Business Today

Provisioning for more

twitter-logo Shweta Punj        Print Edition: Nov 13, 2011

What is proposed:
The Empowered Group of Ministers recently cleared the draft National Food Security Bill, 2011 which aims to cover 67.5 per cent of India's 120 crore people, including threefourth of the rural population and half the people in urban areas.

Broadly, the Bill proposes free food grain for the very vulnerable sections, and food grain at subsidised rates for households categorised as 'priority' and 'general' under the targeted public distribution system, or PDS. Priority households will get seven kg of food grain per person per month at Rs 3 per kg for rice, Rs 2 per kg for wheat, and Rs 1 per kg for coarse grain, while general households will get three kg of food grain per person per month at 50 per cent of the minimum support price, or MSP, for wheat and coarse grain, and the derived MSP for rice.

After eliciting comments from the public, the final draft is expected to be tabled in Parliament in the winter session. But given the political nature of the Bill, further delays are possible.

What will change:
The Bill makes the right to food a legal right. It promises succour to two-thirds of the nation, expanding an existing food subsidy scheme that covers 180 million of the poorest people.

"For the first time in the history of India, the chronically hungry will get food for free," says Yogendra Alagh, a former union minister and economist.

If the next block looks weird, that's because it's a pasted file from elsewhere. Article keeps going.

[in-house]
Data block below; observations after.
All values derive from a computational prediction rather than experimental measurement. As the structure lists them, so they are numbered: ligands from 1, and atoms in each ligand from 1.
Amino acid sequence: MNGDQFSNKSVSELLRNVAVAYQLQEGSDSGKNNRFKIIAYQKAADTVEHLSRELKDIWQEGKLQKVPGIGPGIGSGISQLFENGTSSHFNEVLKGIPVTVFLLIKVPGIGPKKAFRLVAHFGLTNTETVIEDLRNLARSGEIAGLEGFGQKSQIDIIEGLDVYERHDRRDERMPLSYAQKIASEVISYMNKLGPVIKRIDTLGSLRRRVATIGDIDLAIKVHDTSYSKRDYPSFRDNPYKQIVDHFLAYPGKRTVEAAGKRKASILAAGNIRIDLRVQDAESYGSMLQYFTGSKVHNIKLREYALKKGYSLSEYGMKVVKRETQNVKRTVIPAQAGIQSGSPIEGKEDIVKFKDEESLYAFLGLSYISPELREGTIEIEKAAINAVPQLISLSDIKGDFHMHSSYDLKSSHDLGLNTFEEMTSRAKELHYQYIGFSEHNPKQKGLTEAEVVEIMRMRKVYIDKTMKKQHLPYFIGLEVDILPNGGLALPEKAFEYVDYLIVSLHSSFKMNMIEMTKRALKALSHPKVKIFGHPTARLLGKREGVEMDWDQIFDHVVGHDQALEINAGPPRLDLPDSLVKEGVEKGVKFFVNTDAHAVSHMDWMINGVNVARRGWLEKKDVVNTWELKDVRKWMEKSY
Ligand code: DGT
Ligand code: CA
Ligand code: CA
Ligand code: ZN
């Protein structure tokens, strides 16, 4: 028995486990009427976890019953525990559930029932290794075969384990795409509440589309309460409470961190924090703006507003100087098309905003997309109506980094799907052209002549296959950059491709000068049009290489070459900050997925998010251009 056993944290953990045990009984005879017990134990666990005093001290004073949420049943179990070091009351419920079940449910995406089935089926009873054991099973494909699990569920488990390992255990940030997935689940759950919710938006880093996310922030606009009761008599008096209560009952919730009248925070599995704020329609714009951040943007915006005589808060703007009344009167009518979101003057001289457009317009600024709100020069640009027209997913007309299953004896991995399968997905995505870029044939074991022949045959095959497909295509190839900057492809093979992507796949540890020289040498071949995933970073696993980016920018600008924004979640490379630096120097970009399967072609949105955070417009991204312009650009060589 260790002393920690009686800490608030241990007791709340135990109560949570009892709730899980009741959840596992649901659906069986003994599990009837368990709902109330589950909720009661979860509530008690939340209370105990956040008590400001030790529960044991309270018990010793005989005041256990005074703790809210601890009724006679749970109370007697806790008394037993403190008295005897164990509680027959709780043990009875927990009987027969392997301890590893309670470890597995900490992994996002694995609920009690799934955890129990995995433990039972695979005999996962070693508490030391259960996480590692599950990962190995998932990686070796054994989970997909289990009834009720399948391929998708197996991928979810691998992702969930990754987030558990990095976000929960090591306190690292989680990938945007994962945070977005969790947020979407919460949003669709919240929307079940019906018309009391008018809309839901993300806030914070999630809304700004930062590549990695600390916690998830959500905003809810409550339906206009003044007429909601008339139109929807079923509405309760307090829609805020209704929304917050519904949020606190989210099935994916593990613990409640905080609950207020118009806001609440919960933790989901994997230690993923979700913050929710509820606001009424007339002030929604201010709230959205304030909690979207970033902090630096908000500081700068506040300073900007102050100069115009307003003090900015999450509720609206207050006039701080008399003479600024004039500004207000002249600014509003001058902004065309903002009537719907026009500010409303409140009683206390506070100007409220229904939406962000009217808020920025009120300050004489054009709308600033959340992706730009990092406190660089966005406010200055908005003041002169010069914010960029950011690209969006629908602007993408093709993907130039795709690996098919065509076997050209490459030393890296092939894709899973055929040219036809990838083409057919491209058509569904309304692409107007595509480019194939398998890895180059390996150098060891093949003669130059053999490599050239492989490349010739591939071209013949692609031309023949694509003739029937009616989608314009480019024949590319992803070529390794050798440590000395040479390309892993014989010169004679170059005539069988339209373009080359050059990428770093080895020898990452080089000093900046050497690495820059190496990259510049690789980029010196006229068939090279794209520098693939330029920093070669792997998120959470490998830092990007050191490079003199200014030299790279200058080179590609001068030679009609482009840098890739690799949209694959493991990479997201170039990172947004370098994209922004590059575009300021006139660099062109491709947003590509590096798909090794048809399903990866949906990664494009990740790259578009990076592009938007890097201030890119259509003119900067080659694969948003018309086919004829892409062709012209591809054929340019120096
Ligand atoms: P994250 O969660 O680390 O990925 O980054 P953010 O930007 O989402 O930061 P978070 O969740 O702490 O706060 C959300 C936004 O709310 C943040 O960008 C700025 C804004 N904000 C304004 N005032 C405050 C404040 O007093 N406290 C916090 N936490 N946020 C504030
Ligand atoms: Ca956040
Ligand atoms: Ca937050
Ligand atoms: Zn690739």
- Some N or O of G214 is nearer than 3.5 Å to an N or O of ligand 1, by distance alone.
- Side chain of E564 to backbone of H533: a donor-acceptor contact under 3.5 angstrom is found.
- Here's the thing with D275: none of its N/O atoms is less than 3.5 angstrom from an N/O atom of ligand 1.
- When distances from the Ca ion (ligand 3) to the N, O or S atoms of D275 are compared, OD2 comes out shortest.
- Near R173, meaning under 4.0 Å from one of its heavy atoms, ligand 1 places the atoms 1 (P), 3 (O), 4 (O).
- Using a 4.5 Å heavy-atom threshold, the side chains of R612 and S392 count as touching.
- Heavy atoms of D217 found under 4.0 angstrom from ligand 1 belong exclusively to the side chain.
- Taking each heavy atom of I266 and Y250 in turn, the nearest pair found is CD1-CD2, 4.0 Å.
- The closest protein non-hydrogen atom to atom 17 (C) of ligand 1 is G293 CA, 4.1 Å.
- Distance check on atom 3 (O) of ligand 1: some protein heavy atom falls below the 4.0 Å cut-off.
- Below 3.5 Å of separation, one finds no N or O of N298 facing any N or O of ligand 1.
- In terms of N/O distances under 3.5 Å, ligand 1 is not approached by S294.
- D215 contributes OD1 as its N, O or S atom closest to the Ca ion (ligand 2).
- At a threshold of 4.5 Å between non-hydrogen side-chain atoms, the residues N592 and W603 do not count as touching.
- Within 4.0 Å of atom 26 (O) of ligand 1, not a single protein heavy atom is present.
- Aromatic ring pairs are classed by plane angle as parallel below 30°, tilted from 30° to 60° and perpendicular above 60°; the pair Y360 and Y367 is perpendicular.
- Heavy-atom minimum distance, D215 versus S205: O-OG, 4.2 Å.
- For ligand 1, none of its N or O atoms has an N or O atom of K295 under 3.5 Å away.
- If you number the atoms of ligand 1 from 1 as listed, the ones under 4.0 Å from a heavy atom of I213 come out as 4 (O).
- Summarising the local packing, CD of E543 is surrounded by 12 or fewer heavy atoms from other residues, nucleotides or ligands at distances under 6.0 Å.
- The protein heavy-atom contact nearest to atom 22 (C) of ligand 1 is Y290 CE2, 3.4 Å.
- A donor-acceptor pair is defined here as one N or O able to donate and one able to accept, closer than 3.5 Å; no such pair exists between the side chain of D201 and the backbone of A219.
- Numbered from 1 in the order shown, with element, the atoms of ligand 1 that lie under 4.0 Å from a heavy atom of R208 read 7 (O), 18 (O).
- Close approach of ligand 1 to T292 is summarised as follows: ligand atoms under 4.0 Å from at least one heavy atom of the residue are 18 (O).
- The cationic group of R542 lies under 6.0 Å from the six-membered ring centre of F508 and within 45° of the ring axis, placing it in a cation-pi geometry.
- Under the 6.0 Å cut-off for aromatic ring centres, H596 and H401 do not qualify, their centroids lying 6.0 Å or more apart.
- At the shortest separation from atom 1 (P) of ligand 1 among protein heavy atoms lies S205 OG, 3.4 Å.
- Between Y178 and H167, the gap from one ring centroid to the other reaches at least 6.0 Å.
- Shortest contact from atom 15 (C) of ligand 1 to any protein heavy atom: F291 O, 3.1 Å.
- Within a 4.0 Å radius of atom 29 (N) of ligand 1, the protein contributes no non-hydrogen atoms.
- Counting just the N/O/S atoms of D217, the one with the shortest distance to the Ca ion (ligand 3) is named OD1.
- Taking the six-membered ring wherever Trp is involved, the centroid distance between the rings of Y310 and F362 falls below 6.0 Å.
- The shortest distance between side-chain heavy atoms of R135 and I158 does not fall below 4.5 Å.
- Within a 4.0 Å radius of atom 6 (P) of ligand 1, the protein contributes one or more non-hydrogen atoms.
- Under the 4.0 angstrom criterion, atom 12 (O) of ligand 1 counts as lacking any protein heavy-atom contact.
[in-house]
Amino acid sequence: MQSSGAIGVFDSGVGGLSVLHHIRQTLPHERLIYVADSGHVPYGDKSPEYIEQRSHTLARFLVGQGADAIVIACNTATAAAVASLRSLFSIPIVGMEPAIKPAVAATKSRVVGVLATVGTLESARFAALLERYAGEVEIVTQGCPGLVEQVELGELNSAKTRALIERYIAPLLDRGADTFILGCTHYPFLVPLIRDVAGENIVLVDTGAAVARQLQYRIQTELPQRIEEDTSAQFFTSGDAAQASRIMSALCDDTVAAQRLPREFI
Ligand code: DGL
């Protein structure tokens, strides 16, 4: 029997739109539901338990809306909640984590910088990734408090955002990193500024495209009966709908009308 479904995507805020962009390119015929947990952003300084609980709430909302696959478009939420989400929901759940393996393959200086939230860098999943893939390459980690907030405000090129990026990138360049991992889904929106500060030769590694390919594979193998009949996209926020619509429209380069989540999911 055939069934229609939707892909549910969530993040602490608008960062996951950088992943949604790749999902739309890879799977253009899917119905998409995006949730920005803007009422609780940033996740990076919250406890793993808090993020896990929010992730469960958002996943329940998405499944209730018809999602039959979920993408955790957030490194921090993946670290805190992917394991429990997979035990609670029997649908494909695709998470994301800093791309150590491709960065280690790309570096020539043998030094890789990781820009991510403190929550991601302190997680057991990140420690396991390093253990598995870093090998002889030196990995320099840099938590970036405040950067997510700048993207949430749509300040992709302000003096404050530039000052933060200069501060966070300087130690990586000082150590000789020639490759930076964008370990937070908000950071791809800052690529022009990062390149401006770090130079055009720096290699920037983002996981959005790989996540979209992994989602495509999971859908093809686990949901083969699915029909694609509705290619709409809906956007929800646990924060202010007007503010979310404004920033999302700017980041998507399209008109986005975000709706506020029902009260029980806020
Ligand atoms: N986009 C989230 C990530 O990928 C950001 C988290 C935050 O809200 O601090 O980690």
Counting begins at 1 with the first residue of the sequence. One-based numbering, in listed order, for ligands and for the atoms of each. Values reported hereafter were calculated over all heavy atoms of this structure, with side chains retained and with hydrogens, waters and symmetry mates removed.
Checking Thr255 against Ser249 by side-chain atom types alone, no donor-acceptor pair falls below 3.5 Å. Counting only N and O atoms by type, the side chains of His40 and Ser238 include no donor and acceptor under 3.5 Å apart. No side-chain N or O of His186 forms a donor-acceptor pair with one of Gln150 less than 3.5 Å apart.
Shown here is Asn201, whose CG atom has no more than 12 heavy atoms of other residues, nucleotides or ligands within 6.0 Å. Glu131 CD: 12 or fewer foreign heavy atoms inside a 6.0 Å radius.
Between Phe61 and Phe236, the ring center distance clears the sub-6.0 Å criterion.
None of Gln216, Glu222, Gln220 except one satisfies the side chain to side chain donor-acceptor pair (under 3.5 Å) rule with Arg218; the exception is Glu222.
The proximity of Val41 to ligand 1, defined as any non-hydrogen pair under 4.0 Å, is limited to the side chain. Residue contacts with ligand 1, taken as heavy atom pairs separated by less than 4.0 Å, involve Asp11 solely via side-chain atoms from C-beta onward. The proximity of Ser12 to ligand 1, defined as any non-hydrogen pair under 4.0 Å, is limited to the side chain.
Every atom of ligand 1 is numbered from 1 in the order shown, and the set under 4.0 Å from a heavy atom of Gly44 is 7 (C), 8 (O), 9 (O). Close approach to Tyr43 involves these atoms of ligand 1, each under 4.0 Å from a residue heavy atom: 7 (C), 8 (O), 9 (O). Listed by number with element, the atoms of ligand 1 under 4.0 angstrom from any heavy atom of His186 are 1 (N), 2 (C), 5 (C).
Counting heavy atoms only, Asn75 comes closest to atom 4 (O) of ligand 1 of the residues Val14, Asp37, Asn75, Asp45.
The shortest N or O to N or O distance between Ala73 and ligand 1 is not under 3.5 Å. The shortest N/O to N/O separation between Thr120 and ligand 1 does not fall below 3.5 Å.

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India is ranked 67 among 81 countries on the International Food Policy Research Institute's Global Hunger Index 2011. Better food security will mean more productive labour, higher wages and better opportunities - essentially inclusive growth.

One, the provision of food grain for the general category at half the MSP could mean that such people might end up paying higher prices in the long term due to the annual upward revisions in the MSP.

Two, according to agriculture economist Devinder Sharma, the legislation will cover fewer people, as currently there are 90 crore holders of ration cards eligible for access under PDS, or 75 per cent of the population.

Three, the Bill does not adequately address nutrition. "People don't eat only grain. If you look at the consumption pattern, people are consuming more vegetables, pulses, milk. This is a big deficiency in the Bill," says Sharma.

Two key challenges are ensuring the targeted groups get the benefits and the leakages that have plagued the PDS are plugged. Also, given the controversy over India's poverty line, the task of separating the weakest from the weaker sections will be daunting.

"Leakages happen when there is a temporary system with exceptions and no universal coverage. Under the new system leakages could come down from 40 per cent to 5 to 7 per cent," says Alagh.

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